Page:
Five Ways to Promote a Growth Mindset in Your School
Our program was a success—and we definitely plan keep the spark going. We have plans in the works to empirically track students’ progress throughout the year. In addition, we will be extending our reach to parents through workshops and hosting a book club discussion group with Carol Dweck’s book, Mindset. Here are five ways schools can take on their own growth mindset challenge:
1. Embrace your personal-mindset journey: Teachers should get in touch with their own personal-mindset stories. What experiences connect you to who you are today? What experiences formed a basis for your thinking patterns and your belief systems for how people learn? Embrace these experiences and work through them to adjust your lessons and empower your students.
2. Collaborate personally and professionally: Make time to check in with yourself on a daily basis. Keep a journal of your thoughts and jot down some key ideas to express your feelings each day. This personal check-in time will help you keep your thoughts and emotions in check and serve as solid ground when you communicate your ideas with others. Check out my blog post on how to be a mindful co-teacher for tips on staying true to doing what you know is right for students.
3. Know your students: Teachers must connect with students beyond content. Understand your students from a behind-the-scenes view. What are their lives like outside of school? How are you connecting with parents to help bridge the gap between home and school experiences? Connect with students’ stories so you may guide them to construct meaning around their learning experiences in your classroom.
4. Create a community of learners: First, on a pedagogical level, get involved in professional learning communities—both online and face-to-face. Create and participate in professional development opportunities by attending conferences and collaborating with colleagues. Join Twitter chats to connect with educators around the globe who will welcome you into an ongoing cycle of meaningful learning. Next, on a classroom level: foster a learning environment where your students are in tune with first hearing their own voices and then sharing their ideas out loud. Encourage collaboration, strategic thinking, and problem solving, and above all, valuing the varied perspectives of all thinkers in the room.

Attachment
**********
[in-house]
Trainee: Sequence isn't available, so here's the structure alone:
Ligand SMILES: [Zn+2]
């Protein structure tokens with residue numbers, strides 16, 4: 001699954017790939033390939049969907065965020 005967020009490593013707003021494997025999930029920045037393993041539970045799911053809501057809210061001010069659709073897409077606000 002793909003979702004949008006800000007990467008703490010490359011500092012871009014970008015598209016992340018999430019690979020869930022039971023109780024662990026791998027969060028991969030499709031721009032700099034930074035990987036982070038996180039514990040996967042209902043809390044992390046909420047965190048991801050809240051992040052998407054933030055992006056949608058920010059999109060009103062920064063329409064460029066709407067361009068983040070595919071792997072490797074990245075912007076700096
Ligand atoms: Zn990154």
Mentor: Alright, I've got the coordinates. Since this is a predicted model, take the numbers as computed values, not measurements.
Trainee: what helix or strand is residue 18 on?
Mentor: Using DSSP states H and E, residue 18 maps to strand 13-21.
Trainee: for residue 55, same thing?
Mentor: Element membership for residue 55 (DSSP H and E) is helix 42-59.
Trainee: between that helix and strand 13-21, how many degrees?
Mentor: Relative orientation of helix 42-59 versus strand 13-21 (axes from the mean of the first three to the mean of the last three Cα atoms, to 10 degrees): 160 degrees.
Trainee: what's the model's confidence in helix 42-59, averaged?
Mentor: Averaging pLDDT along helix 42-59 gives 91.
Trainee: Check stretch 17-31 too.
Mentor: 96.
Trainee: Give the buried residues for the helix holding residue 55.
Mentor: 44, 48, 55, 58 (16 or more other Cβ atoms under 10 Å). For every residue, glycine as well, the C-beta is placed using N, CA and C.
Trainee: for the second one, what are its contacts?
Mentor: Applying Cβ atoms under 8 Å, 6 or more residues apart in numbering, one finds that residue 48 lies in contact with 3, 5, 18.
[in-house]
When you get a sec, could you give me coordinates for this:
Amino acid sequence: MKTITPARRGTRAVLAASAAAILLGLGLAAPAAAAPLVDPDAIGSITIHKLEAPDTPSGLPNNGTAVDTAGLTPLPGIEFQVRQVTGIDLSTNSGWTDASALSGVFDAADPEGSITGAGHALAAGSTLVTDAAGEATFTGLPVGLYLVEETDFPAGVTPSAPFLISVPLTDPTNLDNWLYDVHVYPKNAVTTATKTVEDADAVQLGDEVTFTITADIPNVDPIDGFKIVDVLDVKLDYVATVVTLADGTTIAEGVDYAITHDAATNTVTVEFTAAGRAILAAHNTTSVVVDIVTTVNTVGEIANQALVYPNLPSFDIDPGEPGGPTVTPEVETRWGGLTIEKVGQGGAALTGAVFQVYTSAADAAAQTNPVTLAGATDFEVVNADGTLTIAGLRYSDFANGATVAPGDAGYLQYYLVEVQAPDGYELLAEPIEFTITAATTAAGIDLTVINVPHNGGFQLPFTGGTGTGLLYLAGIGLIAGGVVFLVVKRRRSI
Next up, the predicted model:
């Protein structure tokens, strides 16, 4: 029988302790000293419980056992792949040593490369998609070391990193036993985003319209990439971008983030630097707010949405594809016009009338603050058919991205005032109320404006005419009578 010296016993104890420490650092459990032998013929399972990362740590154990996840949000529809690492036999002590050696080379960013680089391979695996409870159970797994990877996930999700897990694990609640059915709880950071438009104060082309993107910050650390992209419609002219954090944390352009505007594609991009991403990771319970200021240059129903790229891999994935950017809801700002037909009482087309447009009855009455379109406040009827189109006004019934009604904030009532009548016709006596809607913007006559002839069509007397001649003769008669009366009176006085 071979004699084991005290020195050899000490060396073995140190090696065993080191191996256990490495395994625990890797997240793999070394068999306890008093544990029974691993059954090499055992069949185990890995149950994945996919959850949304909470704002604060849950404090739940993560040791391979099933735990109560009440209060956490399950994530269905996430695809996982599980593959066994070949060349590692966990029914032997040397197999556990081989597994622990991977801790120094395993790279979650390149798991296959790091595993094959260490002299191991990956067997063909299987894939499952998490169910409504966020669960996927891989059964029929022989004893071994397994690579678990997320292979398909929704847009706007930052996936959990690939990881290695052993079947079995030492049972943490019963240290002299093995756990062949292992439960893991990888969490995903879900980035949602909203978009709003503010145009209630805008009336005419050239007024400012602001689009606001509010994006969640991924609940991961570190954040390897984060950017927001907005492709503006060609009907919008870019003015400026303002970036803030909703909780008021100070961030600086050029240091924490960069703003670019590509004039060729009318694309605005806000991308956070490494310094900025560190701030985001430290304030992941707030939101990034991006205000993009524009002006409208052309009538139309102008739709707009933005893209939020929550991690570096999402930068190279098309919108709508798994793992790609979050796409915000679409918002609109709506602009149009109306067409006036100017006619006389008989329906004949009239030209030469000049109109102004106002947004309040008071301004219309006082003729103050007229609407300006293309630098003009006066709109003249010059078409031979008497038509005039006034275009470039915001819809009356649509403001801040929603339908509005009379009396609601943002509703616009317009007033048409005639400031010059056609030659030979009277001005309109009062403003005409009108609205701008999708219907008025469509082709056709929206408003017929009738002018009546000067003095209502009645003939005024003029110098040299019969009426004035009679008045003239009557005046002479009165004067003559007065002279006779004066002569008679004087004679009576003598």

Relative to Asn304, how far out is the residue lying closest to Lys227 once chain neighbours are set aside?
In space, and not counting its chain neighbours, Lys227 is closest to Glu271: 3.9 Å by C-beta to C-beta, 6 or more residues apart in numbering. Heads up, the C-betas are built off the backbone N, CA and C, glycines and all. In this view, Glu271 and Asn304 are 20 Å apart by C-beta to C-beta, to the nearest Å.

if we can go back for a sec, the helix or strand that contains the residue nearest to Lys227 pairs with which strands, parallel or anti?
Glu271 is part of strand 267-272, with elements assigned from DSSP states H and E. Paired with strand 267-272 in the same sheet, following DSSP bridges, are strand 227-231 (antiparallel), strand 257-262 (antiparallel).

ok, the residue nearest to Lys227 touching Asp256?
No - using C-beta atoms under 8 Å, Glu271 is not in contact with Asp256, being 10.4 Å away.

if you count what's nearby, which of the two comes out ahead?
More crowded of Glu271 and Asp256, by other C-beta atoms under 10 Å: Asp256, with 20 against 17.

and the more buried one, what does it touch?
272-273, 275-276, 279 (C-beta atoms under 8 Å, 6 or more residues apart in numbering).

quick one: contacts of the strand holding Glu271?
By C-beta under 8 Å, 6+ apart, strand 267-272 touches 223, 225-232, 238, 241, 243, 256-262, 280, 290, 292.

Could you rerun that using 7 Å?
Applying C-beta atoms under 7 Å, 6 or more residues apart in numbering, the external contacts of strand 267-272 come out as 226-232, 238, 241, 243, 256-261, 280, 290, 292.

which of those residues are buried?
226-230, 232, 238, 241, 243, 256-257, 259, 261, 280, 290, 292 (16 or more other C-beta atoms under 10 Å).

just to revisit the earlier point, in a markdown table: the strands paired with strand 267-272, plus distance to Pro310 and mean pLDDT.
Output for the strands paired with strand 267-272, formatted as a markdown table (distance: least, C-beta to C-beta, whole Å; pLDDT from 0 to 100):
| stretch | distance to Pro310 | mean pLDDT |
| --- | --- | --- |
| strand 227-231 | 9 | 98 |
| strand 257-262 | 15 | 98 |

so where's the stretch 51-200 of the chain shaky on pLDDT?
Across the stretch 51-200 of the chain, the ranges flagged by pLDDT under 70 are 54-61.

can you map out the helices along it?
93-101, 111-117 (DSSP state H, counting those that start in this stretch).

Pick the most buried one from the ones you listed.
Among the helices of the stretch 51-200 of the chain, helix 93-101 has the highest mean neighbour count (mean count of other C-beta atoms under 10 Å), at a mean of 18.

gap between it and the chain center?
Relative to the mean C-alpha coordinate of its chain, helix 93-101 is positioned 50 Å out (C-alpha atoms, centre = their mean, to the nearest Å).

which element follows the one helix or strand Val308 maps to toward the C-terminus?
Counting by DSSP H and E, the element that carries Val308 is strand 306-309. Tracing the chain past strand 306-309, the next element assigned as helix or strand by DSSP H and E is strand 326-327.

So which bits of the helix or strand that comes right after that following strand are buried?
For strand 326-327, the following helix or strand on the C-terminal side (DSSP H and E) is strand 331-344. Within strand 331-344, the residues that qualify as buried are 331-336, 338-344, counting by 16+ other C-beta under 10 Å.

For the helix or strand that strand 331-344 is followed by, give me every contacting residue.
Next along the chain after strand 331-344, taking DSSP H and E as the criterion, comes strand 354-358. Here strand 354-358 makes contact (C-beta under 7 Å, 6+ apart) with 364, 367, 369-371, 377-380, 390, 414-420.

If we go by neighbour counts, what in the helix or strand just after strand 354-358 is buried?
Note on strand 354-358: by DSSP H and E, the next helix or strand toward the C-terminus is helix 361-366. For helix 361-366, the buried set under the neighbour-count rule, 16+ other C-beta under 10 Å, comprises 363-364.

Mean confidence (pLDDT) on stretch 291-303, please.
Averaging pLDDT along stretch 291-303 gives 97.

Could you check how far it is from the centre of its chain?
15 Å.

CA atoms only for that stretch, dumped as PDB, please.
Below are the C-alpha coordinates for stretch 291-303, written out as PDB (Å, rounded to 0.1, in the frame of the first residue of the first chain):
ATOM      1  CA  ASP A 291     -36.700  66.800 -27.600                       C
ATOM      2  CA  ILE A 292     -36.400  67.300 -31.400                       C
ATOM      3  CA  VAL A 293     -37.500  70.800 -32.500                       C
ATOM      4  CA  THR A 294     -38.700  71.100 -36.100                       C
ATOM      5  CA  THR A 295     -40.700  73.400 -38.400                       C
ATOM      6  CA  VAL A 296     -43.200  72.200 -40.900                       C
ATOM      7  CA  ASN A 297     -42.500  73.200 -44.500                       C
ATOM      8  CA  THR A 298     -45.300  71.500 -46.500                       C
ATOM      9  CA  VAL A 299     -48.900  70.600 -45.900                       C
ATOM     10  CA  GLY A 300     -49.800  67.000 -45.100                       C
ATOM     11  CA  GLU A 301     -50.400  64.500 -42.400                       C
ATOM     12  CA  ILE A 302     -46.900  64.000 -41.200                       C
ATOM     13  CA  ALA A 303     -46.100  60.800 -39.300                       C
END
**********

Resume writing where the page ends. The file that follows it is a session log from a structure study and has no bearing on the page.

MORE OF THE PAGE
5. Keep academic content accessible to all learners: Find your balance between what you have to teach and how you will teach it. Keep a focus on creating life-long learners. Focusing on content only creates moment-to-moment kinds of learners. Instill a focus on the process of learning and you will be sure to create groups of learners who know “how” to learn. This knowledge will stay with them to guide their successful learning wherever they go. A Universal Design for Learning approach is a sure way to guide expert learners who know how to learn in any setting. Check out the UDL principles and guidelines here.
There are many resources available to guide educators in knocking down barriers to learning for students. We have what it takes to meet the needs of the whole child right at our fingertips! Our students all deserve teachers who create powerful connections to learning—and who let them know that we will not give up on any of them. Together, we can make ourselves better teachers.